When He was made alive, raised, and seated in the heavenlies, so were we.

All the benefits of His sacrificial work are enjoyed by us because of our link with Him.

To be made alive together with Him means that converted Jews and converted Gentiles are now associated with Him in newness of life.

The same power that gave Jesus resurrection life has given it to us also.

The marvel of this causes Paul to interrupt his train of thought and exclaim,

By grace you have been saved.

He is overwhelmed by the fathomless favor which God has shown to those who deserved the very opposite.

That is grace!

Mercy means we do not get the punishment we deserve.

Grace means we do get the salvation we do not deserve.

We get it as a gift, not as something we earn.

The grace of God lies at the heart of Paul’s letter (Eph 2:8–9).

This grace saves God’s people apart from their works so that, through salvation, God gets all the glory.

Selah (let us pause and calmly think about these things)

Wednesday, August 03
Anchor Devotional


“But because of his great love for us, God, who is rich in mercy, made us alive with Christ even when we were dead in transgressions-it is by grace you have been saved.”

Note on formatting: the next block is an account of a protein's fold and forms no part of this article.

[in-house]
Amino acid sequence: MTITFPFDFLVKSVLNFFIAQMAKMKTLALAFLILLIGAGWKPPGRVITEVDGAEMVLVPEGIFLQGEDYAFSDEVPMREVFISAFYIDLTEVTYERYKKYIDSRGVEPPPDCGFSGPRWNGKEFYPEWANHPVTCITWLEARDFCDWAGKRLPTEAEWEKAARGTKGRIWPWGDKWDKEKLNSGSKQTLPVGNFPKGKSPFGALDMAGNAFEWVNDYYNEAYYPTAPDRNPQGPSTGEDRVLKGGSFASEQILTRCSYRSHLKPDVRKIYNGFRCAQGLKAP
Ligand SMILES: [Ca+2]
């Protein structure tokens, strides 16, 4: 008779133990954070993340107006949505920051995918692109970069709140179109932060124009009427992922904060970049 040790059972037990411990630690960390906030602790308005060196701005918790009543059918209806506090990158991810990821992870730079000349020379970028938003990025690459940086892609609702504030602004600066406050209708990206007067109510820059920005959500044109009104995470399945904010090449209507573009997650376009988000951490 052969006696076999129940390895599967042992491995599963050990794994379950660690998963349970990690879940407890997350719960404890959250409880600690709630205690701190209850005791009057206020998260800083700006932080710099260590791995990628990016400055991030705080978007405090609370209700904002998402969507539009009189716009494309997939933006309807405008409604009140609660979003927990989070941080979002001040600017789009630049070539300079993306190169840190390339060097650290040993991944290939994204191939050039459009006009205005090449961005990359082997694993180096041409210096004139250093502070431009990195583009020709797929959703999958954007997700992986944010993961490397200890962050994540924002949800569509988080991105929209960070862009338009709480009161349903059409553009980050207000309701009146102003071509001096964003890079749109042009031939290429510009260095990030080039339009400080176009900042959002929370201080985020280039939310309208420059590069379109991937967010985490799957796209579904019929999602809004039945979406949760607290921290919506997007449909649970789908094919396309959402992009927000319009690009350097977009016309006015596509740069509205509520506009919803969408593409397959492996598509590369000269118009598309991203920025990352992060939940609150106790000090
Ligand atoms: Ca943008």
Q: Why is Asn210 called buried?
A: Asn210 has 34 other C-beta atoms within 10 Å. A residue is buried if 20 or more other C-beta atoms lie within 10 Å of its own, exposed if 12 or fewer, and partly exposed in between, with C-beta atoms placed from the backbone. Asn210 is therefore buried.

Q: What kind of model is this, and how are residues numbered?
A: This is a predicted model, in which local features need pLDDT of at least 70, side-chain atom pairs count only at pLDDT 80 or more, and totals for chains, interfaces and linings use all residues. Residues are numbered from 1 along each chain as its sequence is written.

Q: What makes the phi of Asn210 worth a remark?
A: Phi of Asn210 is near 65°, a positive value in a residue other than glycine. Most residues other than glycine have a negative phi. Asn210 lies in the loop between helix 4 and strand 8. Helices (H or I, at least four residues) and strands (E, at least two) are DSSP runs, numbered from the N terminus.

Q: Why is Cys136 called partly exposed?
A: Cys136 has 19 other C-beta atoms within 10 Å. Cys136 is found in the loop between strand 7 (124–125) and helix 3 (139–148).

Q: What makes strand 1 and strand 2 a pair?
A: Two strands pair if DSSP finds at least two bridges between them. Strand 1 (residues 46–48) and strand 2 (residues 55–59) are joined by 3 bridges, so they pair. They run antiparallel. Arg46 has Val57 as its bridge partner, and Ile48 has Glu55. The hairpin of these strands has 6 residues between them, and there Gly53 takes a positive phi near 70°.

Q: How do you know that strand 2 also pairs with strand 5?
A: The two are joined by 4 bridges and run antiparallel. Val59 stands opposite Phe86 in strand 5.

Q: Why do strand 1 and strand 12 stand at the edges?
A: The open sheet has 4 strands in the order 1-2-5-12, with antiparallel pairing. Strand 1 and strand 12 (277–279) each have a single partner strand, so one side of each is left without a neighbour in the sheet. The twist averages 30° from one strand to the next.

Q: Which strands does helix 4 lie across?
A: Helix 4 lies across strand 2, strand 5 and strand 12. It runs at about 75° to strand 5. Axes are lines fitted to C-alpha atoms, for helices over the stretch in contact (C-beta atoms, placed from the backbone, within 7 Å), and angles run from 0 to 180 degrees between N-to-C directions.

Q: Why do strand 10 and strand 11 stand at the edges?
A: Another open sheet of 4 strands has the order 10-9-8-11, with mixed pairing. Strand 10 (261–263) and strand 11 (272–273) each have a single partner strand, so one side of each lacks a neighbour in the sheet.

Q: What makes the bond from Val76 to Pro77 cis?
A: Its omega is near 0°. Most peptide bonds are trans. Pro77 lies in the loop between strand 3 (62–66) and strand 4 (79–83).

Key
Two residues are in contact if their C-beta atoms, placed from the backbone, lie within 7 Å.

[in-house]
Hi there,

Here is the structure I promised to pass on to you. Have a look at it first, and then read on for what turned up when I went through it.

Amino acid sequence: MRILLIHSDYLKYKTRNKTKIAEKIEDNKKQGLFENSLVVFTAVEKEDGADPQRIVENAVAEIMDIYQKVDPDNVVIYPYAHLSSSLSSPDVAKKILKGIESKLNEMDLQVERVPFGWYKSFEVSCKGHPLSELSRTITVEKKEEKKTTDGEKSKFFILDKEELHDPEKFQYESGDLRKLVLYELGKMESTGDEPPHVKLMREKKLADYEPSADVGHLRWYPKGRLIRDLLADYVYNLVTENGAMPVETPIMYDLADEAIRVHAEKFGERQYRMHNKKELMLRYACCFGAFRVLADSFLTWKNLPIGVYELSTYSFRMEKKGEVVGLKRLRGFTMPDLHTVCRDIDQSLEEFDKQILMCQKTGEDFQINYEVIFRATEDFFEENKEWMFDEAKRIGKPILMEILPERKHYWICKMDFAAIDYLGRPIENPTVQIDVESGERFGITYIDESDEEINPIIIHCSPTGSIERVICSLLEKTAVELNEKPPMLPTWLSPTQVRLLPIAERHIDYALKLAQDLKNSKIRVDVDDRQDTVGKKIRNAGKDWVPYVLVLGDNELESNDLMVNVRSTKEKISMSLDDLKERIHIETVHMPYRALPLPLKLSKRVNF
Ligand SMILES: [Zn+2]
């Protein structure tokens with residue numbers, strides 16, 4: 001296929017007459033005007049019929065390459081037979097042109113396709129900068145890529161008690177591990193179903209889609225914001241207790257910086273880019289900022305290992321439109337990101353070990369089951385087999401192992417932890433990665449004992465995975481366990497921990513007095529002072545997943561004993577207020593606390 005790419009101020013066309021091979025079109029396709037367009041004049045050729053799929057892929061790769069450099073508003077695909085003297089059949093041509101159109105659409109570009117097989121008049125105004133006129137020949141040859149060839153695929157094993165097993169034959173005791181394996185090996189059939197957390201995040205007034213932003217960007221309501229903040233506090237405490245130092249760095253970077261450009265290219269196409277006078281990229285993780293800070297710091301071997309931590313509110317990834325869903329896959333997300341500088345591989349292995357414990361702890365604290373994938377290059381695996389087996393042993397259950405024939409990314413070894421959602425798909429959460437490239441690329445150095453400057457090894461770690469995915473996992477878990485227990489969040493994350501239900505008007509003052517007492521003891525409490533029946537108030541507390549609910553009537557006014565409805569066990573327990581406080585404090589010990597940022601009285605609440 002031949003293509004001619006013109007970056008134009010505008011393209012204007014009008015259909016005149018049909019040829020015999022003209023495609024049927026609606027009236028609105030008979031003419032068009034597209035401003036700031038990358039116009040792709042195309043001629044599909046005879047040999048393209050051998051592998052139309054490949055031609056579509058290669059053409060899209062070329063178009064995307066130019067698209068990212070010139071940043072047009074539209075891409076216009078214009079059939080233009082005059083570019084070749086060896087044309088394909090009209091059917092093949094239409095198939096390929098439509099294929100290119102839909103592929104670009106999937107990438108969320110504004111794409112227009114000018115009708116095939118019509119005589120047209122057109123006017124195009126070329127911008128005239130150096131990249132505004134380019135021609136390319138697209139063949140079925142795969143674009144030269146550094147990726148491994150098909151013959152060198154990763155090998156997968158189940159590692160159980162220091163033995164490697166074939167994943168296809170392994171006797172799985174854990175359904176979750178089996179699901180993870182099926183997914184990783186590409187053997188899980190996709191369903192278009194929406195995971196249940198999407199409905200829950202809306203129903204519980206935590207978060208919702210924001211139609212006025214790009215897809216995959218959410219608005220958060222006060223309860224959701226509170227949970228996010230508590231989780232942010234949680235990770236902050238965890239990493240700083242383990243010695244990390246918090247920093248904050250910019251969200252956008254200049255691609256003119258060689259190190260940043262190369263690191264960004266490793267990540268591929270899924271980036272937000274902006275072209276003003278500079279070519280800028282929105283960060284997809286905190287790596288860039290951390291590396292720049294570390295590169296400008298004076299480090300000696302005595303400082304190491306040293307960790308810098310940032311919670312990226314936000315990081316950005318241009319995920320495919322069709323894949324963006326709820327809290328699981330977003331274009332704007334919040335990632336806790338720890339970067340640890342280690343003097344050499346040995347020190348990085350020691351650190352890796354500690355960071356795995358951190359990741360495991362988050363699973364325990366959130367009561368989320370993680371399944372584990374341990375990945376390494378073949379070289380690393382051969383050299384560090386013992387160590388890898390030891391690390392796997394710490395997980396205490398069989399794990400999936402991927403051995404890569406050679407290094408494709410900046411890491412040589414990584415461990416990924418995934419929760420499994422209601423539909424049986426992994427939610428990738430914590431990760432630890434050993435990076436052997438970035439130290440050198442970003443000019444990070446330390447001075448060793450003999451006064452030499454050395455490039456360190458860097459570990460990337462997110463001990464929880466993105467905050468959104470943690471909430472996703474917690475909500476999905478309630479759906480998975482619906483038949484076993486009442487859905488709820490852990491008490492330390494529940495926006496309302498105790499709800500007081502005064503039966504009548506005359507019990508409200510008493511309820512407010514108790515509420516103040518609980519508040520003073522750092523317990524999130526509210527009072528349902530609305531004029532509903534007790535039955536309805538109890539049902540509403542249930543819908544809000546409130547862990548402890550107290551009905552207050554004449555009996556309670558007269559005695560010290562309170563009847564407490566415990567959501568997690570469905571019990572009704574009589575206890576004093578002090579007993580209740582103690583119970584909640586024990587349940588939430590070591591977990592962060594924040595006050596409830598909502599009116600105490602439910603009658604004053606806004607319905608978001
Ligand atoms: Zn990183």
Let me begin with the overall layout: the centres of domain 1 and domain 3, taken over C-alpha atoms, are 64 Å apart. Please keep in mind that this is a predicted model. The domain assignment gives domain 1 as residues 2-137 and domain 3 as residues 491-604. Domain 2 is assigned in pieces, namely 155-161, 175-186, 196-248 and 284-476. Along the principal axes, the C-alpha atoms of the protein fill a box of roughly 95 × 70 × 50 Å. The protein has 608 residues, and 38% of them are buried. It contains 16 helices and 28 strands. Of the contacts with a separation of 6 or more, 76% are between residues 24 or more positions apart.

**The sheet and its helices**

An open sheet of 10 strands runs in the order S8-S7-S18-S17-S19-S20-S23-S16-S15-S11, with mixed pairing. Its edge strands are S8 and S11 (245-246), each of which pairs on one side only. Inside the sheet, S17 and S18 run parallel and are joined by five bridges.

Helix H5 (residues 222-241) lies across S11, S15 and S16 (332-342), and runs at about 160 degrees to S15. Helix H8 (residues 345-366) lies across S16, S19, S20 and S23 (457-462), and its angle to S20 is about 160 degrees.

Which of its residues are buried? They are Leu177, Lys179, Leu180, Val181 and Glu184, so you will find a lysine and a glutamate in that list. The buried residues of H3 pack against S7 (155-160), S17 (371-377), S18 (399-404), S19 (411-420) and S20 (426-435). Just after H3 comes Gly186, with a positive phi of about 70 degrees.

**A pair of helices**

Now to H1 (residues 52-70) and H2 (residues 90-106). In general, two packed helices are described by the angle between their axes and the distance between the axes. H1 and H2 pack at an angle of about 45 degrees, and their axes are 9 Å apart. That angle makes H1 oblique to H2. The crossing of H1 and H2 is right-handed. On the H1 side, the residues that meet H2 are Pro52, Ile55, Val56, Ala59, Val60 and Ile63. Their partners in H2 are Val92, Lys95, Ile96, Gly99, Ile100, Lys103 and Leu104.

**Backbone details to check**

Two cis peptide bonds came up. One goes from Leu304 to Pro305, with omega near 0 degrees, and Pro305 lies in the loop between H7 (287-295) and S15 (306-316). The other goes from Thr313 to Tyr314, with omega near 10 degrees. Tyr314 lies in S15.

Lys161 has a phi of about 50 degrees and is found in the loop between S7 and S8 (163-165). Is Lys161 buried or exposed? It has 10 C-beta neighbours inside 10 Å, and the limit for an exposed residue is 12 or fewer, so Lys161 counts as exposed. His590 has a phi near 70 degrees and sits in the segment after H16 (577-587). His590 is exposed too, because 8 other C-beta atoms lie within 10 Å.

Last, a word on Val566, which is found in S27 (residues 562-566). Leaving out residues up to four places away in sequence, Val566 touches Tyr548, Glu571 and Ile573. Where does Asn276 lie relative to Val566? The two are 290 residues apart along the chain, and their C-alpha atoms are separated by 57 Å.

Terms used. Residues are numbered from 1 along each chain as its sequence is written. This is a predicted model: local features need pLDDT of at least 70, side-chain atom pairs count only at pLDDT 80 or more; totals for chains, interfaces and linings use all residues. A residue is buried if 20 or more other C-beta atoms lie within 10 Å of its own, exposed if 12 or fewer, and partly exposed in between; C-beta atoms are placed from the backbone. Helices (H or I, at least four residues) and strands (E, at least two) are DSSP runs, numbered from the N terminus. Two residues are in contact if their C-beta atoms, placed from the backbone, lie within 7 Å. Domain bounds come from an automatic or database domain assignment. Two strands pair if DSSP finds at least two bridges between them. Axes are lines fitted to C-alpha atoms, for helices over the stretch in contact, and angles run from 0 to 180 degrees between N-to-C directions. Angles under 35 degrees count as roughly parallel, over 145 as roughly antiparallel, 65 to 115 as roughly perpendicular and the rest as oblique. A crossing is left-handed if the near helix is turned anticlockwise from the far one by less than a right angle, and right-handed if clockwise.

— Ephesians 2:4-5

In a scene from the 1987 movie, The Princess Bride, Inigo and Fezzig bring their friend Wesley to Miracle Max. They believe Wesley is dead, and they hope Max can bring him back to life.

Max informs them that Wesley is only “mostly dead.” So there is hope that he can be cured!

Isn’t that similar to how we see our relationship with God?

We don’t think we are that bad off; we might be “mostly dead,” but all we need is a simple cure so we can go about the work of pleasing God.

Scripture tells us differently: spiritually we are dead, as dead as the son of the widow from Nain.

In our own strength, we are helpless.

Death is the ultimate disability, isn’t it?

In asking the question, how does God view disability? We are asking something of utmost importance because we are all disabled before a holy God.

Luke answers our question. He says that God looks with compassion on those who are spiritually dead.

He brings them to life! We can’t do this on our own.

We experience new life when we trust Jesus as our Savior. Will you trust Him today?

Come join the Adventure!

Skip 🕊️


This is an open forum where we look into and investigate the Rhema Mysteries of God's Word; and also other issues of importance for our day and time.